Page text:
Playing around a bit with the Google Timelapse project (sponsored by Time magazine, I guess?).
1: It isn't clear when these "snapshots" are taken in time. For example, the 1984 shot of Mendenhall clacier is probably taken in Northern Hemisphere winter (a guess based on snowfall over Glacier National Park). So is the 1989 and most of the late 90's images. Whether the final snapshot's indications of climate change are actually so dramatic, and not the cause of aliasing by comparing two different places in the seasonal cycle isn't clear. This needs to be corrected.
2: Smoothing is playing a big role in producing the image. Of course it takes a lot of passes to create an image of the globe, so this is necessary. But just look at what happens in the Atlas mountains between 1988 and 2003. LANDSAT catches the mountains in a time where they are ice-capped in 1998 , but it doesn't in the following years. The result is an unphysical, linear interpolation between that snowy year and the snow-free years that looks a little weird.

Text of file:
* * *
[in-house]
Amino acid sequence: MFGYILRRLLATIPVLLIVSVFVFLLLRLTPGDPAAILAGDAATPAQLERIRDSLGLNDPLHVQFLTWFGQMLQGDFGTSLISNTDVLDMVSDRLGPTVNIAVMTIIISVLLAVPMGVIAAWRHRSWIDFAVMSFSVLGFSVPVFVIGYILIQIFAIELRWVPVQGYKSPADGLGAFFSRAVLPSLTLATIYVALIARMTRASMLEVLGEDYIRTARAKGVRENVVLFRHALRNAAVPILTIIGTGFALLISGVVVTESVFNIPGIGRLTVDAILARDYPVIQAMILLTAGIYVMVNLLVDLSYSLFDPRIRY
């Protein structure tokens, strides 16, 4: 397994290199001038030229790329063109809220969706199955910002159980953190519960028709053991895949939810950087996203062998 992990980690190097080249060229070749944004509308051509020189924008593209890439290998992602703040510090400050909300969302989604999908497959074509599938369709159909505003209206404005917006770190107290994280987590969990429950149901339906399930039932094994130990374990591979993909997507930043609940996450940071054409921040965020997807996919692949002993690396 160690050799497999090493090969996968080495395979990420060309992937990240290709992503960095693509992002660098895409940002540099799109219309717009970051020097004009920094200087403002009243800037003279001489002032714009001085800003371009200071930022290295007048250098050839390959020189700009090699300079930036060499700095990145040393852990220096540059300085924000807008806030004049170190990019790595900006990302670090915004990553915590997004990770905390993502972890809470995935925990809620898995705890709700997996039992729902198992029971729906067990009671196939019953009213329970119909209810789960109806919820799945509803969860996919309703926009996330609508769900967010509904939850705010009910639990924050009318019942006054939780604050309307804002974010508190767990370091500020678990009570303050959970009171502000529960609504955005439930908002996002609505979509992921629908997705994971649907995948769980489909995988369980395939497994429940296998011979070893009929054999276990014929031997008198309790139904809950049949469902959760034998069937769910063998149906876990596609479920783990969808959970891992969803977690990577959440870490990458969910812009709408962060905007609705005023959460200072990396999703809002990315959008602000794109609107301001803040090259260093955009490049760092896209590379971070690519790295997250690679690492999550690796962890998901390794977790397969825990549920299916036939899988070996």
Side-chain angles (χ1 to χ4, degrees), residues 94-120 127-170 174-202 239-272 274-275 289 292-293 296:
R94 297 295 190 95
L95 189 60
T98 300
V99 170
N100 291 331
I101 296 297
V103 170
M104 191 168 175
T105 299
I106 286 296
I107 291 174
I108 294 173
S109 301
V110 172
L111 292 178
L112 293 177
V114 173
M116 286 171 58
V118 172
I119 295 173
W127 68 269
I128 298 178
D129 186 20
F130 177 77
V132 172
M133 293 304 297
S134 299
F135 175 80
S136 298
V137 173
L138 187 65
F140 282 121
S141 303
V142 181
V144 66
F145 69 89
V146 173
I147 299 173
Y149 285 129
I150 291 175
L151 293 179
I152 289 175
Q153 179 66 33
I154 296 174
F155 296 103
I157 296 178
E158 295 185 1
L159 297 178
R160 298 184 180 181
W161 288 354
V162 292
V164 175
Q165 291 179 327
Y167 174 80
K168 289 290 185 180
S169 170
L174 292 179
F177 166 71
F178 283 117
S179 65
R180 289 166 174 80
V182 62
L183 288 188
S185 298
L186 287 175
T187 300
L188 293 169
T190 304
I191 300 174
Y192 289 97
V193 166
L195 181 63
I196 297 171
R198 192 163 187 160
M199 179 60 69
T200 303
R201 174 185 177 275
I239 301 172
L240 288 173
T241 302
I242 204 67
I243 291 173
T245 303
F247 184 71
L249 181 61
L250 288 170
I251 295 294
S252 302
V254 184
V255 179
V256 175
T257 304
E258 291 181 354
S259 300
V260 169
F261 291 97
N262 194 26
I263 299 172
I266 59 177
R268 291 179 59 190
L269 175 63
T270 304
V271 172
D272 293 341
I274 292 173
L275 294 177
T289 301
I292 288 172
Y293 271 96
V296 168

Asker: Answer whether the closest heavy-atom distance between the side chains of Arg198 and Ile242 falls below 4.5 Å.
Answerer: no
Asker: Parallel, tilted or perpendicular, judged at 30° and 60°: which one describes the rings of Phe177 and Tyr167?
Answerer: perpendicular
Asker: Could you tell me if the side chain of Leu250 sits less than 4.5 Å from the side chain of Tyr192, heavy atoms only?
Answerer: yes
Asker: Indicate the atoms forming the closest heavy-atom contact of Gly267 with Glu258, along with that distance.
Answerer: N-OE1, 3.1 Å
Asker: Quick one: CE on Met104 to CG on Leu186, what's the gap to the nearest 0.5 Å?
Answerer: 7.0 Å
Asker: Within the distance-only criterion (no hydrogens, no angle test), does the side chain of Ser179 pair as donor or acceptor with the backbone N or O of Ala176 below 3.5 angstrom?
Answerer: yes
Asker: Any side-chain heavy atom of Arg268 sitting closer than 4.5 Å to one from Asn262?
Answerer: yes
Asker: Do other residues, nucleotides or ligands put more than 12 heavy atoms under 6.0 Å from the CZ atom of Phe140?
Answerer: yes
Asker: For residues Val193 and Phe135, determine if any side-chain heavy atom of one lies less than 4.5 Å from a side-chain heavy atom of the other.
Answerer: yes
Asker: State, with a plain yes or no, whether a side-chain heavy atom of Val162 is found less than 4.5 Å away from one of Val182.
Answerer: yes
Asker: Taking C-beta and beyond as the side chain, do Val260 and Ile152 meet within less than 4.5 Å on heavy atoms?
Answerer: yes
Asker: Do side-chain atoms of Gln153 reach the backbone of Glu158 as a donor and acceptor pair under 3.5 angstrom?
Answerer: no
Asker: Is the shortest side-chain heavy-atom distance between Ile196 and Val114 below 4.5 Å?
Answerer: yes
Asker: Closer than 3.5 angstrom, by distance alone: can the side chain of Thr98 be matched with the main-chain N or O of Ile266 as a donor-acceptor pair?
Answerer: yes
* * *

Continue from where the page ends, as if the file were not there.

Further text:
Additionally, that question of timing I raised about Alaska glaciers is different around the Rocky mountains, by watching Lake Tahoe cover with ice we can infer that the first few years in Colorado were summertime, the remaining were taken in the winter. We need timestamps!
3: Chinese growth happens fast! Search for Fengdu, for example, and watch an empty grassland turn into a huge city between 2000-2005. You can pretty much pick any place along the Yangtze River and watch massive growth occur in the early 2000's until today.
4: Speaking of China, check out the Three Gorges Dam! You can watch as huge regions upstream are flooded as a result of its opening in 2006. Kind of sweet.
Oceanographer, Mathemagician, and Interested Party